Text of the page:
Odds and Ends: FAA’s NextGen, B-52 at 50

FAA’s NextGen: This short piece analyzes the benefits of the FAA’s NextGen air traffic management system. A 36-page report is available here.A Washington (DC) think tank called Eno has a lot of stuff about NextGen, including a recent synopsis of a debate about the program and a You Tube link within the synopsis of the debate.

This is a much more balanced view of the benefits and shortfalls in FAA policy than one consultant who revels in criticism but offers no solutions. We recommend the constructive approach.

Alaska Airlines has implemented a piece of NextGen. Here is a New York Times article describing the effort.

B-52 turns 50: And that’s just the youngest one. DOD Buzz has this story about America’s venerable bomber.

Pass the FAA Reauthorization bill and move on to NextGen

Update, 310PM PST: The Senate voted to pass the Bill, 75-20. Now over to the White House, where labor urges a veto.

Original Post:

At long, long last, it looks like Congress is going to approve long-term funding for the Federal Aviation Administration. Included is funding for the Next Generation Air Traffic Management system.

This is the first time since 2007 the FAA will have some long-term funding. To say that this is about time is an understatement.

The US ATM is rooted in the 1960s. That it hasn’t been updated in these decades is a national scandal. Air traffic has increased many times over. Airlines continue to fly routings that do nothing but burn excess fuel, add costs and contribute to emissions.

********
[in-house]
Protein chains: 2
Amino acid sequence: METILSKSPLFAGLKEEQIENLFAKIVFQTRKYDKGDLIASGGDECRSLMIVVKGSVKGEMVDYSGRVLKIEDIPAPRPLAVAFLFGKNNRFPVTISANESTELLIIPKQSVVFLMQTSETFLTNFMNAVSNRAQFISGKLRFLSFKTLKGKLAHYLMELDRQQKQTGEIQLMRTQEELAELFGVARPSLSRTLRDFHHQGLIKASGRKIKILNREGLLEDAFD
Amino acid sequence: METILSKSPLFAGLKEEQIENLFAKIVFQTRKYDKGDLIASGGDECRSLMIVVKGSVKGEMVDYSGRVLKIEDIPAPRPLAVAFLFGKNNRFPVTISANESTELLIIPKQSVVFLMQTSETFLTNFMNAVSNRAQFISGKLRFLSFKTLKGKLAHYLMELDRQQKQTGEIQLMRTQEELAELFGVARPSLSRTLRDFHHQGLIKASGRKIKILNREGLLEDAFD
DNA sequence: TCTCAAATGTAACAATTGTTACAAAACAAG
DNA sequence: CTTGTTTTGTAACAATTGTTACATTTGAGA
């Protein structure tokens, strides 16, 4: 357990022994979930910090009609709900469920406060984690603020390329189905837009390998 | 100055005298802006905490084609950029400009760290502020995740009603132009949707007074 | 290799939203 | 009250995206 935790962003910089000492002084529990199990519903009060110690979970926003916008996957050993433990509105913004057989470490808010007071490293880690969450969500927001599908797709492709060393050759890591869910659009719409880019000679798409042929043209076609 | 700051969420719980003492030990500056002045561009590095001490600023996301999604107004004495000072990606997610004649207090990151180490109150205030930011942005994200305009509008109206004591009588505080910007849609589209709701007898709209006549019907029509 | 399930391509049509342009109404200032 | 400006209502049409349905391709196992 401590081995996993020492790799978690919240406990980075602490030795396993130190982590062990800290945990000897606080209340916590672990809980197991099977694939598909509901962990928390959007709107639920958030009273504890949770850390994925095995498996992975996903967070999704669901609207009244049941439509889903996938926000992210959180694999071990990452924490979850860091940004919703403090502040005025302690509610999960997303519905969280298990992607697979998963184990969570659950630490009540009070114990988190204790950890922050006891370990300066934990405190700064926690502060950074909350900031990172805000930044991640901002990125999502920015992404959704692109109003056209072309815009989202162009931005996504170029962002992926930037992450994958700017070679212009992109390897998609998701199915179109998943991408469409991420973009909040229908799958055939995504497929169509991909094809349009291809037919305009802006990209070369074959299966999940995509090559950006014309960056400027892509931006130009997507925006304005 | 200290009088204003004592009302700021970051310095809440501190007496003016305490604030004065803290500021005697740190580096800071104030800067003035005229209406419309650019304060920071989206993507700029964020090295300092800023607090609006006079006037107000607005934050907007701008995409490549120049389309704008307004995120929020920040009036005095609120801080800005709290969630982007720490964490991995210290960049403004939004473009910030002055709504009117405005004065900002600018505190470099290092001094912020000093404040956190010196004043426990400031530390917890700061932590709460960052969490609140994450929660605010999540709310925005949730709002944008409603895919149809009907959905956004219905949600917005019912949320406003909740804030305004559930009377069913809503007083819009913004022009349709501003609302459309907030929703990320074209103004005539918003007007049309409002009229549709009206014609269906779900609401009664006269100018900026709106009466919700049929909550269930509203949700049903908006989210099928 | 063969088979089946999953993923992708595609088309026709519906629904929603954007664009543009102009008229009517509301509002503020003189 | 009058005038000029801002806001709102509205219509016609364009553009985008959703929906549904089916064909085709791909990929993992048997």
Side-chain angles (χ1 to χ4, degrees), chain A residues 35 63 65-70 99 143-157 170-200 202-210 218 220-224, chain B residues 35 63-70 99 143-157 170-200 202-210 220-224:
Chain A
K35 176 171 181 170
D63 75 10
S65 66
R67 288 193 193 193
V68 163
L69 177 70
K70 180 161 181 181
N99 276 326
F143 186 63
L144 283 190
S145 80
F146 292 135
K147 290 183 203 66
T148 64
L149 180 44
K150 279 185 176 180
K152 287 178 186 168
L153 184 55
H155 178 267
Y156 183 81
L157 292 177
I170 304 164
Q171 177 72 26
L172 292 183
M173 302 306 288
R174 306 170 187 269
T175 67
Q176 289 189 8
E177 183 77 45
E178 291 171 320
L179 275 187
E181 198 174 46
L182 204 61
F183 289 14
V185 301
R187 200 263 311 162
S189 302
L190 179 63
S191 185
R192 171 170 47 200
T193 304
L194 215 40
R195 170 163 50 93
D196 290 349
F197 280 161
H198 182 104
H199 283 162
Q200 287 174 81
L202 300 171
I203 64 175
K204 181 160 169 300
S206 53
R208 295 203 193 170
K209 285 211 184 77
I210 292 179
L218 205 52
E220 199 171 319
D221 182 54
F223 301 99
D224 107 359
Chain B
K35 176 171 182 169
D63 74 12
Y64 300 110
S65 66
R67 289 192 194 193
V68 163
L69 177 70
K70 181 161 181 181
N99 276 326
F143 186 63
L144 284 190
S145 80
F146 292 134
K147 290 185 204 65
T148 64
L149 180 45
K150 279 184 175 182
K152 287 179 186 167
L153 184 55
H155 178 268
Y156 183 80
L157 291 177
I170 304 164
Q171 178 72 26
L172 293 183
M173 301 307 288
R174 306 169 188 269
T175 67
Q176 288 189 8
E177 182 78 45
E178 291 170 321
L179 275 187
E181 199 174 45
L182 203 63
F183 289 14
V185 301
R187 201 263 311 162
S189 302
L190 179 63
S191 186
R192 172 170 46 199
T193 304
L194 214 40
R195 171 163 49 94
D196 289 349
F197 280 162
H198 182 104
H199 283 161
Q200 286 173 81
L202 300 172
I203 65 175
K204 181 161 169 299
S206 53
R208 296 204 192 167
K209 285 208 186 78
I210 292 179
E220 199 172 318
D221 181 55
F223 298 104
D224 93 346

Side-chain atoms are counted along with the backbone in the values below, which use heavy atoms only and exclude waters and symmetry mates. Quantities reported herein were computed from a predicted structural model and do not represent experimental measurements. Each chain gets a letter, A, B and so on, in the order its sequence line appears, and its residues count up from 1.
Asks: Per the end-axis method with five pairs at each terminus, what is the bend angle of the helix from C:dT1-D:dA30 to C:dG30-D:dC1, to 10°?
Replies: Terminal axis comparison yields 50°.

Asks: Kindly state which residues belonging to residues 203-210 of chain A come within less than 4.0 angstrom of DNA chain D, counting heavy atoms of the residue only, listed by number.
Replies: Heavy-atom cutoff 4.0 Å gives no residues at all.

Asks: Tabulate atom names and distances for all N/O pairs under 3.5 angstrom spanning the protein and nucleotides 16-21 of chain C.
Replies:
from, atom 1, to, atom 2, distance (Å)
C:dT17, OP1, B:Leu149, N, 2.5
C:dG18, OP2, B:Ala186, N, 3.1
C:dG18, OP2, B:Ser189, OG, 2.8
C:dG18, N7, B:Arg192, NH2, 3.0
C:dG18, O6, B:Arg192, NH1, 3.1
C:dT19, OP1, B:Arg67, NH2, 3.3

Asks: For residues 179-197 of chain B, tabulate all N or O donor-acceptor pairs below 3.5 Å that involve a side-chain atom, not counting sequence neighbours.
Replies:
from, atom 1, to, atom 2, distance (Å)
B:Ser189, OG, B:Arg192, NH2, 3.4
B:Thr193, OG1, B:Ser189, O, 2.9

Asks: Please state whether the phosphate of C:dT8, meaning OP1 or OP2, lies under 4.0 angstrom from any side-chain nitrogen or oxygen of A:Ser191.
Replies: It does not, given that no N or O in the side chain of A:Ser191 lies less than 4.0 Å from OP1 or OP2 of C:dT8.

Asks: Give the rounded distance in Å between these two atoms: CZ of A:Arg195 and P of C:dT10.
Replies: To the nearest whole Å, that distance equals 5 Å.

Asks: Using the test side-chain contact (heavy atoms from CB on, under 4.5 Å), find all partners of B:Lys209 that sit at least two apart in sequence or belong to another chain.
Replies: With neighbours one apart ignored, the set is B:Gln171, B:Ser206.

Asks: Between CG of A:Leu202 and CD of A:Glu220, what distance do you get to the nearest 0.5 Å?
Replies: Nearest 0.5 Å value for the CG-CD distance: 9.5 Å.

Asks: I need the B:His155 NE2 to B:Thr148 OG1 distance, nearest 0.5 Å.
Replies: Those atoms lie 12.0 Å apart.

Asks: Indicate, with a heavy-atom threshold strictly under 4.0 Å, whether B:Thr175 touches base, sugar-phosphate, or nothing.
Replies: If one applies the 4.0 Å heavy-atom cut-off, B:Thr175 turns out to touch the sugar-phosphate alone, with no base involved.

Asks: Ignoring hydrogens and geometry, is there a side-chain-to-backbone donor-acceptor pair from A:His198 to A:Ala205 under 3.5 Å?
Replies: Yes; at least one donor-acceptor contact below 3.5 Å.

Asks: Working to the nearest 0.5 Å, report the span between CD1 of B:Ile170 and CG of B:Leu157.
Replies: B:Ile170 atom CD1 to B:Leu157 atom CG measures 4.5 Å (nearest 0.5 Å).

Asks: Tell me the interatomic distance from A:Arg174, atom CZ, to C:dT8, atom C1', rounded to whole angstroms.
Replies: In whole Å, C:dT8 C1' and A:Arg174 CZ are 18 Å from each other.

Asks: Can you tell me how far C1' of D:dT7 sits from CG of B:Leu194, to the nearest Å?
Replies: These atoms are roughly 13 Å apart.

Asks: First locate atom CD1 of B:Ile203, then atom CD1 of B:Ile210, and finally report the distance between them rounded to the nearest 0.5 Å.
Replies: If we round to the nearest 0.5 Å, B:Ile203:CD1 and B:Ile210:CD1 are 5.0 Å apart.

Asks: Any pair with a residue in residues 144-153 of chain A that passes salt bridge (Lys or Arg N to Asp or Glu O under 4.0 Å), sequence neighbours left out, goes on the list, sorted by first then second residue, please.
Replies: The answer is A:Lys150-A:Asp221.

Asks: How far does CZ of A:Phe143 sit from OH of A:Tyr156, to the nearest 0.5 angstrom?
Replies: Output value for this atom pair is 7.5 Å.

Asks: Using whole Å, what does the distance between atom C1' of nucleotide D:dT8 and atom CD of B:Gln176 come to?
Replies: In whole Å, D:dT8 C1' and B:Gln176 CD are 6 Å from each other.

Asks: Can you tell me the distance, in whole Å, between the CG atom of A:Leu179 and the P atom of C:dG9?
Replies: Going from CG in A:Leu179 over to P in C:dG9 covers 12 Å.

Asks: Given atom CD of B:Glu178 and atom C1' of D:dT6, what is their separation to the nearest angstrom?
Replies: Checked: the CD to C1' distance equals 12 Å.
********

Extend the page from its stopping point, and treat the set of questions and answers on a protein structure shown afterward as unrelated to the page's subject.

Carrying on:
While some claim NextGen will reduce delays–and given ground congestion at airports, which we consider a separate issue, we’re not sure this is will solve delays–we view NextGen as making flying more efficient. Continuous descents from cruising altitudes to landing will cut time and save fuel. En-route efficiencies will reduce costs to the airlines and be more environmentally friendly.

Airlines should welcome NextGen for these efficiencies. So should critics who do nothing but criticize NextGen and government dawdling (which certainly is valid criticism) but who otherwise offer nothing constructive to get the job done.

The House of Representatives has passed the FAA Reauthorization Act. The Senate should follow suit. And the President should sign the legislation. Airbus and Boeing consider improving ATM worldwide to be so important that they collaborate on ATM, setting aside their often bitter rivalries. The US should follow the Airbus-Boeing example. It’s time to put the national interests of bringing the FAA into the 21st Century above political interests. It’s time to move on.